Referring to an ad in which Holocaust survivor Elie Wiesel defended Israel’s attack upon Gaza and blamed Hamas for the more the more than 2,000 casualties, including hundreds of children, the Holocaust survivors declare: “… We are disgusted and outraged by Elie Wiesel’s abuse of our history … to justify the unjustifiable: Israel’s wholesale effort to destroy Gaza and the murder of more than 2,000 Palestinians, including many hundreds of children. Nothing can justify depriving people of electricity and water. We must raise our collective voices and use our collective power to bring about an end to all forms of racism, including the ongoing genocide of Palestinian people. We call for an immediate end to the siege against and blockade of Gaza. We call for for the full economic, cultural, and academic boycott of Israel. ‘Never Again’ must mean NEVER AGAIN FOR ANYONE!” Among the Holocaust survivors signing this statement were: Hajo Meyer, Netherlands; Henri Wajnblum, Belgium; Jacques Glaser, France; Lillian Rosengarten, U.S.; Edith Rubenstein, Belgium; Shimon Schwarzschild, Germany; Eva Naylor, New Zealand; Bernard Swierszcz, Poland; Hedy Epstein, U.S., and Joseph Klinkow, Poland.  
Jews Unwilling to Subordinate Ethical Standards  
In distributing this statement of the Holocaust survivors and descendants, Rabbi Michael Lerner, editor of Tikkun, notes that, “While I do not agree that the appropriate response to Israel’s actions in Gaza is a blanket boycott of Israel (though I do support boycotting firms providing support for Israel’s occupation of the West Bank and non-Palestinian firms that operate in the West Bank and help Israeli settlements there). I believe that it is important to publicize the growing sentiment of revulsion at the consequences of the Occupation, the blockade of Gaza and the destruction of Gaza and its people among Jewish people who are unwilling to subordinate their ethical sensibilities to blind support for the policies of the current government of Israel.”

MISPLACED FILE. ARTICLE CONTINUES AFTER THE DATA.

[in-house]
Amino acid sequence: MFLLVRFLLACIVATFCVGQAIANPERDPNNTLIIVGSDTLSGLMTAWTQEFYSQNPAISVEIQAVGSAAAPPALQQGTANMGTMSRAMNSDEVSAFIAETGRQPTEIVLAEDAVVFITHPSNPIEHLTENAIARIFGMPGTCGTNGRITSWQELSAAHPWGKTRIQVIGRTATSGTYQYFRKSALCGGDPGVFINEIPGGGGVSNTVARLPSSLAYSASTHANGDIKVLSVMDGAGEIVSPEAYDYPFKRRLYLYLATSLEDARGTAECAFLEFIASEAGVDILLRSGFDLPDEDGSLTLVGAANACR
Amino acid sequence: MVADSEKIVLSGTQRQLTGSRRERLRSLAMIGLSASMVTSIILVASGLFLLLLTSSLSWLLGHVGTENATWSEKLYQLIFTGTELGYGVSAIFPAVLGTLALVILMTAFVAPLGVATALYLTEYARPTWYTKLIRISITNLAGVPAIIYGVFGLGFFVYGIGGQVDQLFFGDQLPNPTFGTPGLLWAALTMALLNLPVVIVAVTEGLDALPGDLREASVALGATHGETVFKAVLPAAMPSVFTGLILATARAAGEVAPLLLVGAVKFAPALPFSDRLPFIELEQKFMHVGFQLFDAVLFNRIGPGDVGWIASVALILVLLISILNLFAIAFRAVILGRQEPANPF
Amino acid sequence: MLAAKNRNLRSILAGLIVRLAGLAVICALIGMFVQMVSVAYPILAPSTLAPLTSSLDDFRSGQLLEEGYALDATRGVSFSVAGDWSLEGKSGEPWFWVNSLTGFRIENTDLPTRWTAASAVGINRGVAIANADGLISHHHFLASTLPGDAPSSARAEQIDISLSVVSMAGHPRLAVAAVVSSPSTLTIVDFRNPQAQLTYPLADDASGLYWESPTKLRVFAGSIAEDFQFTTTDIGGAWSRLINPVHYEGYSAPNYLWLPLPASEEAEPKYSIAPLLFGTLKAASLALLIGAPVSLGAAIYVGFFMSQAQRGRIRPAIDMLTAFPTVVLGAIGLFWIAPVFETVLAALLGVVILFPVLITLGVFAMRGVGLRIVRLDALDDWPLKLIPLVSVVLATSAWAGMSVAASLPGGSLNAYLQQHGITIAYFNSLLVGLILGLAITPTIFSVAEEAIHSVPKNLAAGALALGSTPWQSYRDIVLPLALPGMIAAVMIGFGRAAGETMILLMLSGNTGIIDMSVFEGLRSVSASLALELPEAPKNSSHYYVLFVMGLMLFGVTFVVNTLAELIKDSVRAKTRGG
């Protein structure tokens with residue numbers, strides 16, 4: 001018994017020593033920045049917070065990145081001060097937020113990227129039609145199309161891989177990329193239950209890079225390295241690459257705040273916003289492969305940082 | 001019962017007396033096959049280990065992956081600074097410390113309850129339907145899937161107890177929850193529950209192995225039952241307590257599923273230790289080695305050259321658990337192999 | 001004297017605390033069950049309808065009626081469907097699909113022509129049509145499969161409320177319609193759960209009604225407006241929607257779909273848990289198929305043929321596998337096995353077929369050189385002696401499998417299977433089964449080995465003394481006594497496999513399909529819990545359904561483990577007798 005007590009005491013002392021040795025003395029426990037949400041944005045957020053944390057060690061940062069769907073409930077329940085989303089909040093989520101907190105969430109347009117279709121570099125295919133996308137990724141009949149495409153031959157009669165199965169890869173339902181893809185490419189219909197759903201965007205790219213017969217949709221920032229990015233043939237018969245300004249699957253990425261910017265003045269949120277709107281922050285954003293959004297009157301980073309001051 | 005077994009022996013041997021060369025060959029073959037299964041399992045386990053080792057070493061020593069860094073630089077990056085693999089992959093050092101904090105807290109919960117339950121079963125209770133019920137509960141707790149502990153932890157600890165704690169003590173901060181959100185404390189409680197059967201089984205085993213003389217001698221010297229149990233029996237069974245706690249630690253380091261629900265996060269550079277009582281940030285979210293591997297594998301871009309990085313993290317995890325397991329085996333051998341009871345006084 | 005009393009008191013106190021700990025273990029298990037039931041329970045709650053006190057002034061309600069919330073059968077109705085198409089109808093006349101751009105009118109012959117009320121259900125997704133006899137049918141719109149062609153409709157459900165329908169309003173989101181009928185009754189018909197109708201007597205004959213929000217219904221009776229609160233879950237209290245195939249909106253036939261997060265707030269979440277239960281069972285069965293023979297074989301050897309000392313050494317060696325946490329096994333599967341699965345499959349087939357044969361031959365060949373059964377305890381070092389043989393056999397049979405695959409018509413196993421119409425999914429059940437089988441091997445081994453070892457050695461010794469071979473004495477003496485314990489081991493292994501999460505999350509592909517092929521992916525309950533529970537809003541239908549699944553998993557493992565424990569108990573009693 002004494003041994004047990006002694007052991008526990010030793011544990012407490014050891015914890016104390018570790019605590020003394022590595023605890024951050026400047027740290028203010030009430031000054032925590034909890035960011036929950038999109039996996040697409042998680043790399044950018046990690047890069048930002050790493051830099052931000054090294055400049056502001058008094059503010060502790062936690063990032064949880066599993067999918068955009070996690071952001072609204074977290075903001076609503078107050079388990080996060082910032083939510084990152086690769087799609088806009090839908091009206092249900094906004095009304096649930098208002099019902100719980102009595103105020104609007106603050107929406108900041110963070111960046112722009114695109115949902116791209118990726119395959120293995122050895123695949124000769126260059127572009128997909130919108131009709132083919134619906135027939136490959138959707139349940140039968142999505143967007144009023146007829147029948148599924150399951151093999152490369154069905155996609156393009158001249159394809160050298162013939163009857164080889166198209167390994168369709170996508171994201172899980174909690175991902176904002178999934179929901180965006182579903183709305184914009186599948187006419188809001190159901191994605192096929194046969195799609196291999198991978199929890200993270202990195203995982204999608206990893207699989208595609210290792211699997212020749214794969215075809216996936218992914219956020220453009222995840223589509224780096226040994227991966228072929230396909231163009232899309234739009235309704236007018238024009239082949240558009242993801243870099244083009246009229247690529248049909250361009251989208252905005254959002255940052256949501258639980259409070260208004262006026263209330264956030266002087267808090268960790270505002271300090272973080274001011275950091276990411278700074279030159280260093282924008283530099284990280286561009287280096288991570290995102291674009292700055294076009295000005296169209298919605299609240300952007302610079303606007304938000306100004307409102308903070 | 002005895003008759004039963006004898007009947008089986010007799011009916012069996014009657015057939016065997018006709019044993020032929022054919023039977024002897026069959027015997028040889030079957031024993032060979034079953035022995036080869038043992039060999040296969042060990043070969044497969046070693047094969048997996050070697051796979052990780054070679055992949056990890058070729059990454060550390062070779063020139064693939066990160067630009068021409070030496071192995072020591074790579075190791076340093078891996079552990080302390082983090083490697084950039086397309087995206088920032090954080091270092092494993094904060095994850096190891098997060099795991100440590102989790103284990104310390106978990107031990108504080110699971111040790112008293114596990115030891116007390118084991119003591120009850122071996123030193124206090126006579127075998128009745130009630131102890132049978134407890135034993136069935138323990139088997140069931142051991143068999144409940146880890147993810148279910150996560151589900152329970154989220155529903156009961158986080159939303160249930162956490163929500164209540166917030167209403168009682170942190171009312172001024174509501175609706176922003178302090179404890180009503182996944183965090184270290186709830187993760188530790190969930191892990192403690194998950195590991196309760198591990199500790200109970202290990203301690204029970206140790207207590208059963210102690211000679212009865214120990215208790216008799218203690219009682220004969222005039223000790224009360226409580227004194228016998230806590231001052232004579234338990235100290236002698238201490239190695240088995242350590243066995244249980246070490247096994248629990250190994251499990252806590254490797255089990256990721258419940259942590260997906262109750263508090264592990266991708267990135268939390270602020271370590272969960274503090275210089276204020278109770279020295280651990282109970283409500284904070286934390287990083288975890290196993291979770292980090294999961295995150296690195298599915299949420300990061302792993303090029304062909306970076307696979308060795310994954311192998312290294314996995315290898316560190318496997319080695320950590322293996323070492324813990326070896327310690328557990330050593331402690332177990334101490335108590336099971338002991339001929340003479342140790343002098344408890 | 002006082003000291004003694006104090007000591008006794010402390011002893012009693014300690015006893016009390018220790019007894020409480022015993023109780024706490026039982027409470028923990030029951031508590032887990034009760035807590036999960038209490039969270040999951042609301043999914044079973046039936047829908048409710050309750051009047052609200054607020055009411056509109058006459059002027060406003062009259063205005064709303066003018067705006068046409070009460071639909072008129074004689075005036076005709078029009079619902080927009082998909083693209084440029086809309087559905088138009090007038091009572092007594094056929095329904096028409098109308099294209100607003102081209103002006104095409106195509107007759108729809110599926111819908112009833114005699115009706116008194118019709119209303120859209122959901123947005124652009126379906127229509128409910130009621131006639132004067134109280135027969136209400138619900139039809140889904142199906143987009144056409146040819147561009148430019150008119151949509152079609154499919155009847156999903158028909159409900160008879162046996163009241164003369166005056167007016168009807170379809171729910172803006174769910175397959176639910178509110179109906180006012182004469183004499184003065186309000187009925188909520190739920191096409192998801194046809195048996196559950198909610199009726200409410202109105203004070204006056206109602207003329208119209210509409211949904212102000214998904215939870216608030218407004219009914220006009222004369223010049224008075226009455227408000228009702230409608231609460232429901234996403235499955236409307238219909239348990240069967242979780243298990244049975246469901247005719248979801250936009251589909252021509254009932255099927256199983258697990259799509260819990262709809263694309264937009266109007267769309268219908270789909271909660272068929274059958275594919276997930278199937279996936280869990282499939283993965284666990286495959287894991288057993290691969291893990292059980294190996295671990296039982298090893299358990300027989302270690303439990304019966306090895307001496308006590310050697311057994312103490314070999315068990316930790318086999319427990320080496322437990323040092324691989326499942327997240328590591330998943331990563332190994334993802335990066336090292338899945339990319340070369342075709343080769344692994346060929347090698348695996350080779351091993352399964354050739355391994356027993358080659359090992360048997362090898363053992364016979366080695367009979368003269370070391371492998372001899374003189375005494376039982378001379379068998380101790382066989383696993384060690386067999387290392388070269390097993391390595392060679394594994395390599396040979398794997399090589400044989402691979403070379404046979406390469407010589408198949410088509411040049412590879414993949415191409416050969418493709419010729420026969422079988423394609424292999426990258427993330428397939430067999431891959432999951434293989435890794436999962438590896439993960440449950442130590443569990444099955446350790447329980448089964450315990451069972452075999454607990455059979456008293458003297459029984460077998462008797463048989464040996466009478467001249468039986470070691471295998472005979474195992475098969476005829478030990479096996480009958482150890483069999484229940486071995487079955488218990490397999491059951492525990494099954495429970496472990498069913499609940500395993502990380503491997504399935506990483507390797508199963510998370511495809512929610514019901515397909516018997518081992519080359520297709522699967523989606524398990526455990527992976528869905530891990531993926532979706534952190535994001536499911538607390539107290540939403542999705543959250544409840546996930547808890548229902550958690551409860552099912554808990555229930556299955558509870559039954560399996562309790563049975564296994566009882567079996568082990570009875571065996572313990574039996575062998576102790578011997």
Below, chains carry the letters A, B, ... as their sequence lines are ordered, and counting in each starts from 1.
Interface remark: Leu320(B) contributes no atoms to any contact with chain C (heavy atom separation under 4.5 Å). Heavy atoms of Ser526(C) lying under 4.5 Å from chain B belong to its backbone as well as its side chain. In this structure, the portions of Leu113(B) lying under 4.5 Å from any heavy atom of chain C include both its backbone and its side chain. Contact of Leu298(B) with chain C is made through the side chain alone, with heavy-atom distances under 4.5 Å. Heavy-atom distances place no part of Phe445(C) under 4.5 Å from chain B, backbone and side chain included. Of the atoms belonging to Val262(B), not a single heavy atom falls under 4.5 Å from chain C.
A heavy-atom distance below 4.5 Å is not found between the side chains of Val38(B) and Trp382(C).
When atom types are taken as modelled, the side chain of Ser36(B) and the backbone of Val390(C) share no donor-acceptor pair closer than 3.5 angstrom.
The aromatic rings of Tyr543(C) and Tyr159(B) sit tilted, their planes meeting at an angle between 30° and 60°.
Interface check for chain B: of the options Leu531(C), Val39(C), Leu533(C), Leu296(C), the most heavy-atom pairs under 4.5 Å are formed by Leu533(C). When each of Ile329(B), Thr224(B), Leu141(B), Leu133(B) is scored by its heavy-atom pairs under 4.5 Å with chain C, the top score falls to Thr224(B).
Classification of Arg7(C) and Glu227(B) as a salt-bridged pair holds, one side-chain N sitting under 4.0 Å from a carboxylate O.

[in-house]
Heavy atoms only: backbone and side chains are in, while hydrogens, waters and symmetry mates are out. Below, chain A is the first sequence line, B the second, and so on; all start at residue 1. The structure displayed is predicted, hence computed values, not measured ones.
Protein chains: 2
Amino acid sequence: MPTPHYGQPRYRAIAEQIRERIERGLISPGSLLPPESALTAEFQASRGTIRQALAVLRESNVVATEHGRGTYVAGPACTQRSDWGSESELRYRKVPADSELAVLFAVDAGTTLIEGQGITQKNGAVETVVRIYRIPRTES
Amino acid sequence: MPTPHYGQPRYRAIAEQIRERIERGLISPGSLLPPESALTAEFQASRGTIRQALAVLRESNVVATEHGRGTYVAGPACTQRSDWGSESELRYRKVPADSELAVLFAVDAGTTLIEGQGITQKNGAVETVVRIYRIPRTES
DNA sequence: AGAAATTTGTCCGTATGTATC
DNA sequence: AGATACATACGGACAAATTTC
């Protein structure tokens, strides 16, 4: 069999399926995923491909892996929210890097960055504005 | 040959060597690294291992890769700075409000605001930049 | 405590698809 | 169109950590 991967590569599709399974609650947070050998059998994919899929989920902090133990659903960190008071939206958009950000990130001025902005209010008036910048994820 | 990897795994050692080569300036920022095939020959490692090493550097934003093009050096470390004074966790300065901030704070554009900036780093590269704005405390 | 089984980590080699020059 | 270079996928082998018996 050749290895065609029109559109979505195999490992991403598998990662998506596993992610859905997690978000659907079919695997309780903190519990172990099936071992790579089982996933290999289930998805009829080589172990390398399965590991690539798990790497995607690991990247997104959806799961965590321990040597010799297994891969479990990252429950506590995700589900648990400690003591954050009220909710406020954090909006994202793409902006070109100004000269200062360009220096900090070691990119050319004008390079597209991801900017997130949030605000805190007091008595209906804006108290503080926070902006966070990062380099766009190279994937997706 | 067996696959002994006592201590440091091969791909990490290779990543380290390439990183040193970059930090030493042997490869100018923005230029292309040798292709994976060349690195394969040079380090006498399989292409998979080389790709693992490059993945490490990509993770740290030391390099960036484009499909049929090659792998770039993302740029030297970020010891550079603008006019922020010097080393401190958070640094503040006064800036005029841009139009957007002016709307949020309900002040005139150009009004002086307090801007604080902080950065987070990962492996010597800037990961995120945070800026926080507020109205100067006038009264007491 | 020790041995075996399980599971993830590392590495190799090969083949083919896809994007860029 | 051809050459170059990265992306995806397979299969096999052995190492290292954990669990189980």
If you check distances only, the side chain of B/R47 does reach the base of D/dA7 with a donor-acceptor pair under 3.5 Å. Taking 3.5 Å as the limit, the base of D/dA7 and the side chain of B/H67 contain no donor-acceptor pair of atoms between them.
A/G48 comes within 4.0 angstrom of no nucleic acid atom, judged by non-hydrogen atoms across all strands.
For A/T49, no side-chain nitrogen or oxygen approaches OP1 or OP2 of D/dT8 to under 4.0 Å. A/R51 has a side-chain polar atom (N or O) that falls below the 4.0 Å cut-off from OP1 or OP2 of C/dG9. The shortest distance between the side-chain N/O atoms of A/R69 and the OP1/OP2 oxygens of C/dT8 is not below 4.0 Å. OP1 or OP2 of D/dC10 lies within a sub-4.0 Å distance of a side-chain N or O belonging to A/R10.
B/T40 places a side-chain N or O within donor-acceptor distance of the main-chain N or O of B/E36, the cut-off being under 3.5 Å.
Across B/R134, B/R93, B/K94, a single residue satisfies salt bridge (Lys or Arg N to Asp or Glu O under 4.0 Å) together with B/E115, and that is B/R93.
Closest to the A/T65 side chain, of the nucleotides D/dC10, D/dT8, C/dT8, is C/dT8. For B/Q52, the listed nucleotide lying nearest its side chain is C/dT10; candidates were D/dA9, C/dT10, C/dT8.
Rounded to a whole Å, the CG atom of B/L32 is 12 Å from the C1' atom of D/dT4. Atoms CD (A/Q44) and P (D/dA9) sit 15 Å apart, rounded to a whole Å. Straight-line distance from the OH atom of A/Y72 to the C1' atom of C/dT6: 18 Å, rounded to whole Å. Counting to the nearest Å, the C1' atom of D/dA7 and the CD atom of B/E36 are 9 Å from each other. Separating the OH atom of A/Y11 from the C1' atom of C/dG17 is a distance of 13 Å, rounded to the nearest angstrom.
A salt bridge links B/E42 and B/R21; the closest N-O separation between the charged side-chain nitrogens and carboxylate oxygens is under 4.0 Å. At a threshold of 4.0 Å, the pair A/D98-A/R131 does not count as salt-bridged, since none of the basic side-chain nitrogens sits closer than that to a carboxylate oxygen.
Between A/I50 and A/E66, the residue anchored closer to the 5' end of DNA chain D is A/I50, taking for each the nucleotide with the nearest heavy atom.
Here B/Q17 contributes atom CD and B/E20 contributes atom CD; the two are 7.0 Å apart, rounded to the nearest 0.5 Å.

The number of Jews of conscience who have spoken out in behalf of traditional Jewish moral and ethical values, which they believe to be violated by Israeli actions, is growing. David Harrison-Gershon, author of What Do You Buy the Children of the Terrorist Who Tried to Kill Your Wife, writes that, “As a Jew living in America, the last week has changed me forever … I was mostly instilled with progressive values as a child. Rather, I was instilled with progressive American values — particularly those which aligned with liberal Jewish ones. A love for social justice, human rights, equality. A disdain for racism, fundamentalism, colonialism. Despite this, my early love for progressivism was accompanied by a love for the State of Israel. I was naturally inclined to root for the underdog. And at synagogue we were taught that Jews were the ultimate underdogs, miraculously surviving the Holocaust and a history of oppression to create a contemporary ‘light unto the nations’ which fought with dogged determination against evil … And I was taught that I was vulnerable, that there were people who wanted me dead, and that Israel was a safe haven, a beacon, a garden to which I could always escape.”